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Categorized | Food & Drink


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Tacos El Chilango: Mexican Food Game Changer

"Tacos El Chilango"

Tacos El Chilango, 1119 V Street NW. (Alejandra Owens)

From Alejandra Owens. You can find her at her food blog, One Bite At A Time. Alejandra also writes for City Eats DC, a Food Network site, where you can book dinner reservations. Email her at alejandra[AT]borderstan.com and follow her on Twitter at @frijolita.

Last week, Washington City Paper Food Editor Jessica Sidman, posted an interesting question on the Young & Hungry blog in reference to DC’s lackluster Mexican food scene, “But as for whether people will stop hating on D.C. tacos in general? That has yet to be seen.” She did a great write up on Tacos El Chilango, another food truck gone brick-and-mortar business — or is it?

I’ve complained multiple times about the lack of good Mexican food in this town, and clearly I’m not alone. In 2011 9.1% of DC’s population was Hispanic or Latino so it really has baffled me that the city hasn’t experienced a rise in authentic, hole-in-the-wall Latin food joints. I mean, entire neighborhoods are known for being Latino, even one of the city’s Safeways is nick-named “Sandanista Safeway“! It seems though that in Tacos El Chilango, in finding it’s brick and mortar mojo just north of U Street at 12th and V NW, is a game changer, for not just the taco scene in DC, but for Mexican food as a whole in the city.

Juan Santacruz, owner and operator of Tacos El Chilango, and I chatted about his history with tacos after I ordered. Three generations of his family had run or are currently running taquerias in the US and Mexico. With no car and nothing really driving my need to be in Virginia, I’d heard the lore around the Tacos El Chilango truck but had never actually been. Presented with a plate of three simply dressed tacos — chicken & chorizo, cheese & avocado and carne asada — and a cup of horchata (easily my favorite beverage on the face of the Earth…second only to bourbon), I said a silent little prayer and hoped for the best.

Immediately after biting into my carne asada taco I thought to myself, “This sh&t is legit!”

I could taste the hints of the asada marinade, the beef was tender and it was even chopped in a familiar fashion! I’m not kidding, when you grow up eating carne asada chopped in little evenly measured dices, it becomes a part of your culinary lexicon. It was like biting into a little piece of home. I appreciate the small, straight forward menu — six options with meat, three vegetarian and the house made aguas frescas. And the salsa “bar” was a pleasant surprise, with three options, again — roja, verde and habanero.

DC has a sizable, and growing, Latino population, no doubt about it. I’m just hoping that more entrepreneurial spirits will follow Juan’s lead, and that the city will encourage these folks to go from secret taqueria or farmers market to food cart/truck or even good ‘ol brick and mortar.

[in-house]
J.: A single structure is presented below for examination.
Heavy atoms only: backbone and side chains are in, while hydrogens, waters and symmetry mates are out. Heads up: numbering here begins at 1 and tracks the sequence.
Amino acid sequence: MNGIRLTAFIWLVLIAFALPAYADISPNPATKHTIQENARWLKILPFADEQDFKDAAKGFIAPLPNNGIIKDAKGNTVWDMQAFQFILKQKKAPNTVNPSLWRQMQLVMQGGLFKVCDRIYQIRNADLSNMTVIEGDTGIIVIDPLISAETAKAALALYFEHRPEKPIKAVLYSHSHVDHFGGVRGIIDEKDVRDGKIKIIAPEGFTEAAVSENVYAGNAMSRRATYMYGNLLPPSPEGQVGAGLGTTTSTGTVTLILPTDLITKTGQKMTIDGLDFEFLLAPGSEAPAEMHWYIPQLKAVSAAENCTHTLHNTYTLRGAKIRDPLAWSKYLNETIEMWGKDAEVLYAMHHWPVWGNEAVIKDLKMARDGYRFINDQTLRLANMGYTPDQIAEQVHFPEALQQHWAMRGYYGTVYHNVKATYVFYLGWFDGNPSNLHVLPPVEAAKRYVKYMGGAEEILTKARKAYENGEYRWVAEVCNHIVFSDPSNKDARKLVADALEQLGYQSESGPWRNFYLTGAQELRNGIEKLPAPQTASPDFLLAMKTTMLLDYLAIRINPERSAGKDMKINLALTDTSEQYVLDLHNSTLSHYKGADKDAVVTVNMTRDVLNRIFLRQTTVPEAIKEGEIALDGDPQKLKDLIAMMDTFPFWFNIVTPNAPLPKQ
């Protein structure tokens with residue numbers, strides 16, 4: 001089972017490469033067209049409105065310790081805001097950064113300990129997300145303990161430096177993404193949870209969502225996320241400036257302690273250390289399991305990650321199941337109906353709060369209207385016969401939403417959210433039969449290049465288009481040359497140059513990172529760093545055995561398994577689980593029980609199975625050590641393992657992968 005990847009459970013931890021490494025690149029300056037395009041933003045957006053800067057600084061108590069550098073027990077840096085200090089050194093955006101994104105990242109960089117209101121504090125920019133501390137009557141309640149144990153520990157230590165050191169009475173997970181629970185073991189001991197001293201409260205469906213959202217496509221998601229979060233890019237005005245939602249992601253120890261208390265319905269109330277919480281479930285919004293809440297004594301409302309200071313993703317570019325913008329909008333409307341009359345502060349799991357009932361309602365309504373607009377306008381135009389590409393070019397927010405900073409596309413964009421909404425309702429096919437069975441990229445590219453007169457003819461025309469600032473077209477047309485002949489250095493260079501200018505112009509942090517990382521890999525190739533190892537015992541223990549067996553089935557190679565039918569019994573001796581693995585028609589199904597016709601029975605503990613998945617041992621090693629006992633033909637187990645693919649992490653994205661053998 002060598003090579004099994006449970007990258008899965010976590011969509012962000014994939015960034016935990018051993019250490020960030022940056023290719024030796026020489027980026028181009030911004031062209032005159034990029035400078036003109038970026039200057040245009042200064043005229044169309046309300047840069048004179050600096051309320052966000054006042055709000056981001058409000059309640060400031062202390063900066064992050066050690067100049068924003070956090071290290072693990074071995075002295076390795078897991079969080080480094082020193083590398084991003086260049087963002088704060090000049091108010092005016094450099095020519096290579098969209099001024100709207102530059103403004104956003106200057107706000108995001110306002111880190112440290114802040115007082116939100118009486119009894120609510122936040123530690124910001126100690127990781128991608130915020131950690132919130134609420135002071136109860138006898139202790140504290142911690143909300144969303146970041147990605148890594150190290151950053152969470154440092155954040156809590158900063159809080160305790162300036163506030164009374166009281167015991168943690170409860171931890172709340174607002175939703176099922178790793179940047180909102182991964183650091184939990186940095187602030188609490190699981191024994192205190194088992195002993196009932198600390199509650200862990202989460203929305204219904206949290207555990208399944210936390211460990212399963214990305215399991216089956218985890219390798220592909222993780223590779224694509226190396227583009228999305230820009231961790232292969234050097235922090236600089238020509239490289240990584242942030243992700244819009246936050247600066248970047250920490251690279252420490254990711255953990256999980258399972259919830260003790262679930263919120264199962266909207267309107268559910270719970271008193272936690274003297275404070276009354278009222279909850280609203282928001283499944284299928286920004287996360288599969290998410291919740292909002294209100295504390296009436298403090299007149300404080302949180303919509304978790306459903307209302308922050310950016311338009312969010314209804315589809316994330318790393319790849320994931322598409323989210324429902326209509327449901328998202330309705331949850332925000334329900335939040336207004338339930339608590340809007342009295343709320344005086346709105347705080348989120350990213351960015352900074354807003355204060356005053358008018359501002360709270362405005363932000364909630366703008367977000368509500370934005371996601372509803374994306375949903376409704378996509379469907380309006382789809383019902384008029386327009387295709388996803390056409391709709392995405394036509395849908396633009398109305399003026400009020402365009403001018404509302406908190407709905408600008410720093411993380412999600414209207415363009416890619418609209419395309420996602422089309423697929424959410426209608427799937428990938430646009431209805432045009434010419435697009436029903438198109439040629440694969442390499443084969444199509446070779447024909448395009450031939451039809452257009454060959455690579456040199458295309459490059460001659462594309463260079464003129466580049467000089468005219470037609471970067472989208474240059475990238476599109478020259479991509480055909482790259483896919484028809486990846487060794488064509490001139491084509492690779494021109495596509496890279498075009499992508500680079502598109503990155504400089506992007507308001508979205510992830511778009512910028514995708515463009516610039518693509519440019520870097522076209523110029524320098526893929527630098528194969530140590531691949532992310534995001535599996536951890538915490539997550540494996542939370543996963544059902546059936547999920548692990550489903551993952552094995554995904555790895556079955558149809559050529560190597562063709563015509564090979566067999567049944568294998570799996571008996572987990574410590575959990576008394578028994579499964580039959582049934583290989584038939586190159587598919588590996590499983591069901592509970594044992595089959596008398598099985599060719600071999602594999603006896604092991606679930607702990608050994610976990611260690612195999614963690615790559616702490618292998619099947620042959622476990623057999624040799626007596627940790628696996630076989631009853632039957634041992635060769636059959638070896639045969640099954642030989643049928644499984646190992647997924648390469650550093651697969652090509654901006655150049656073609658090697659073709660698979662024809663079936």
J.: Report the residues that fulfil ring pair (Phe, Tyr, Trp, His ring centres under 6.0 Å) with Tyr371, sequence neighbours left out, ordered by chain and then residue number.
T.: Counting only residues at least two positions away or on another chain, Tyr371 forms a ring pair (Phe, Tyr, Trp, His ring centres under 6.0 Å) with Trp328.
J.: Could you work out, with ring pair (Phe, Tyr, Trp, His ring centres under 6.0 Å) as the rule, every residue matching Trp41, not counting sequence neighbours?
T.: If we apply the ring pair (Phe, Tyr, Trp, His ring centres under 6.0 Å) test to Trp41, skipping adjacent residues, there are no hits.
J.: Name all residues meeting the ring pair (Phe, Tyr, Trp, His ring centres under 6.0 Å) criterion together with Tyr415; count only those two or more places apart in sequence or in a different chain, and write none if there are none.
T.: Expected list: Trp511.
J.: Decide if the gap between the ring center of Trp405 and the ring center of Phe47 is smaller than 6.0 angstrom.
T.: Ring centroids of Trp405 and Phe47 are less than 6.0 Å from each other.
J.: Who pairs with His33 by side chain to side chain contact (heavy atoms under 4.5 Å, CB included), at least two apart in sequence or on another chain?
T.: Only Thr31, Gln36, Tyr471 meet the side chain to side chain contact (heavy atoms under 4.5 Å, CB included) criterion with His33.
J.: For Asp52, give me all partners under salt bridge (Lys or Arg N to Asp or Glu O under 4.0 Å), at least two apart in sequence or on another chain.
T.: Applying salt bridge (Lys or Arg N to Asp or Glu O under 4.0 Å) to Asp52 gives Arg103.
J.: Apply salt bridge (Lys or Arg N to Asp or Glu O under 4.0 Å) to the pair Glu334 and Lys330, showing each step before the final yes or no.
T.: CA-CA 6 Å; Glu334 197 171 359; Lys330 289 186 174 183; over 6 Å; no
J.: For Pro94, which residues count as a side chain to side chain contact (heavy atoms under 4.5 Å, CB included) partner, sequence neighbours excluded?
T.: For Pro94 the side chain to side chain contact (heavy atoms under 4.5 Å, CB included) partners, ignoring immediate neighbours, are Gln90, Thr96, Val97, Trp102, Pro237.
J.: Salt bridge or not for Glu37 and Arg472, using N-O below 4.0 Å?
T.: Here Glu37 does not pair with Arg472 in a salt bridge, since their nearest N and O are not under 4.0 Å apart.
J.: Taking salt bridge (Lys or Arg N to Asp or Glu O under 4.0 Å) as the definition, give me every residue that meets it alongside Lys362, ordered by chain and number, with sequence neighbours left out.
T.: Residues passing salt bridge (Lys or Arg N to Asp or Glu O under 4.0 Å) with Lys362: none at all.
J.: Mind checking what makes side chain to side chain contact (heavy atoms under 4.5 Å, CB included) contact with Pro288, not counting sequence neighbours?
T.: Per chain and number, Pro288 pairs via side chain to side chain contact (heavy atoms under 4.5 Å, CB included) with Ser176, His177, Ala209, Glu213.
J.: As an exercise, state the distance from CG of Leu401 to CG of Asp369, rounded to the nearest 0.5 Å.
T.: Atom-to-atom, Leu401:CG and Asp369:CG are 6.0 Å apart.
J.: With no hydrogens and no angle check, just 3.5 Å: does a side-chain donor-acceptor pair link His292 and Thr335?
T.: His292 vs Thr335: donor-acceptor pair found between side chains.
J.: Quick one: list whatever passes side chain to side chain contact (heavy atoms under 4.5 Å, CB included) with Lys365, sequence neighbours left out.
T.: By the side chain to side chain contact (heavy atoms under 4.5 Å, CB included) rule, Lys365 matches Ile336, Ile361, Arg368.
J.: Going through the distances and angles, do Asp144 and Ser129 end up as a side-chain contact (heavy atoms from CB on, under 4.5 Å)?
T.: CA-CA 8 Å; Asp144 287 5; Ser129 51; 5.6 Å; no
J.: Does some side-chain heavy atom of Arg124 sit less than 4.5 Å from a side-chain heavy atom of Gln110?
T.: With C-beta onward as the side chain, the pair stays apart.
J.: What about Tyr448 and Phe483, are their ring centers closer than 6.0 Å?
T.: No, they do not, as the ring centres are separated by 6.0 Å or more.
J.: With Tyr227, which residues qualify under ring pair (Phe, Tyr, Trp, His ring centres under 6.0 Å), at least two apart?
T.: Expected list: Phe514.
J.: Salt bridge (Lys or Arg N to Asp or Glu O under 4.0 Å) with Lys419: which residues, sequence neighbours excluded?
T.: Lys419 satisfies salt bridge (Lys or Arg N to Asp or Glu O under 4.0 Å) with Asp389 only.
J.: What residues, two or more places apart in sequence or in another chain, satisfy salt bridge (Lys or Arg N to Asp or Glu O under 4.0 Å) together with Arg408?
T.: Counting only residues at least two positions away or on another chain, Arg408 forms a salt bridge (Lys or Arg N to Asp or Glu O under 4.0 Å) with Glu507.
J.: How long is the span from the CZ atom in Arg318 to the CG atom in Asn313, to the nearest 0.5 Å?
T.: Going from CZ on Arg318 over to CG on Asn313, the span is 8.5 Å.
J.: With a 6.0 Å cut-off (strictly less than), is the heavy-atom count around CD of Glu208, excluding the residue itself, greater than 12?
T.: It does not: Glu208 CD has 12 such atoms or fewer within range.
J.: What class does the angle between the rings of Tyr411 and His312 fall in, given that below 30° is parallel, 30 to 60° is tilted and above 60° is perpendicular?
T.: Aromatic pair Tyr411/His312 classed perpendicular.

Tacos El Chilango

  • Where Am I Going: 1119 V Street NW, corner of 12th and V.
  • When Am I Going: Monday through Friday, 5 to 10 pm; Saturdays, noon to 10 pm; closed on Sundays.
  • Paycheck Pain: Tacos come cheap! $2.50 a pop, but there is a $10 minimum for credit card charges. Three tacos and an agua fresca will get you there easily.
  • Say What?: It’s a small restaurant, if you’re jonesing for peace and quiet, make it a point to go during off-peak hours and days.
  • What You’ll Be Eating: Tacos! Cilantro haters, I don’t think this will be your spot… tacos come with a healthy dose of the frilly green stuff and onions.
  • Yelp: A total rarity, the Tacos El Chilango in Arlington has a 5-star rating and more than 170 reviews.

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This post was written by:

- who has written 143 posts on Borderstan.

Owens a communications pro for a large association by day. By night she writes about food and restaurants for Borderstan and directs social media strategy for the site. She has her own food blog, One Bite At a Time. Follow Owens on Twitter @frijolita; email her at alejandra[AT]borderstan.com.

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3 Responses to “Tacos El Chilango: Mexican Food Game Changer”

  1. Ryan says:

    It should be noted that most Latinos in DC are not Mexican. Of those who are Mexican, many work in government, international organizations or related industries and would not be in the service industry. So, to be honest, it is certainly disappointing that there are very few good options for Mexican food, but it is not surprising. There are plenty of pupuserias for your Latin food cravings.

    • IMGoph says:

      Thanks, Ryan. I thought that the conflation of “Latino” with “Mexican” was short-sighted in this article. It would be the same as complaining that a bunch of white people in the neighborhood hasn’t led to great Ukrainian food.

  2. Bossi says:

    Not sure I’d say they’re *that* good as to be game-changing, but do agree they’re certainly tasty. I’m a fan of El Rinconcito and District Taco, though, so for my own taco cravings this just joins those ranks; I now have a triple entente of taco. Though I am quite delighted to see something that might be able to survive in that hidden-away spot.

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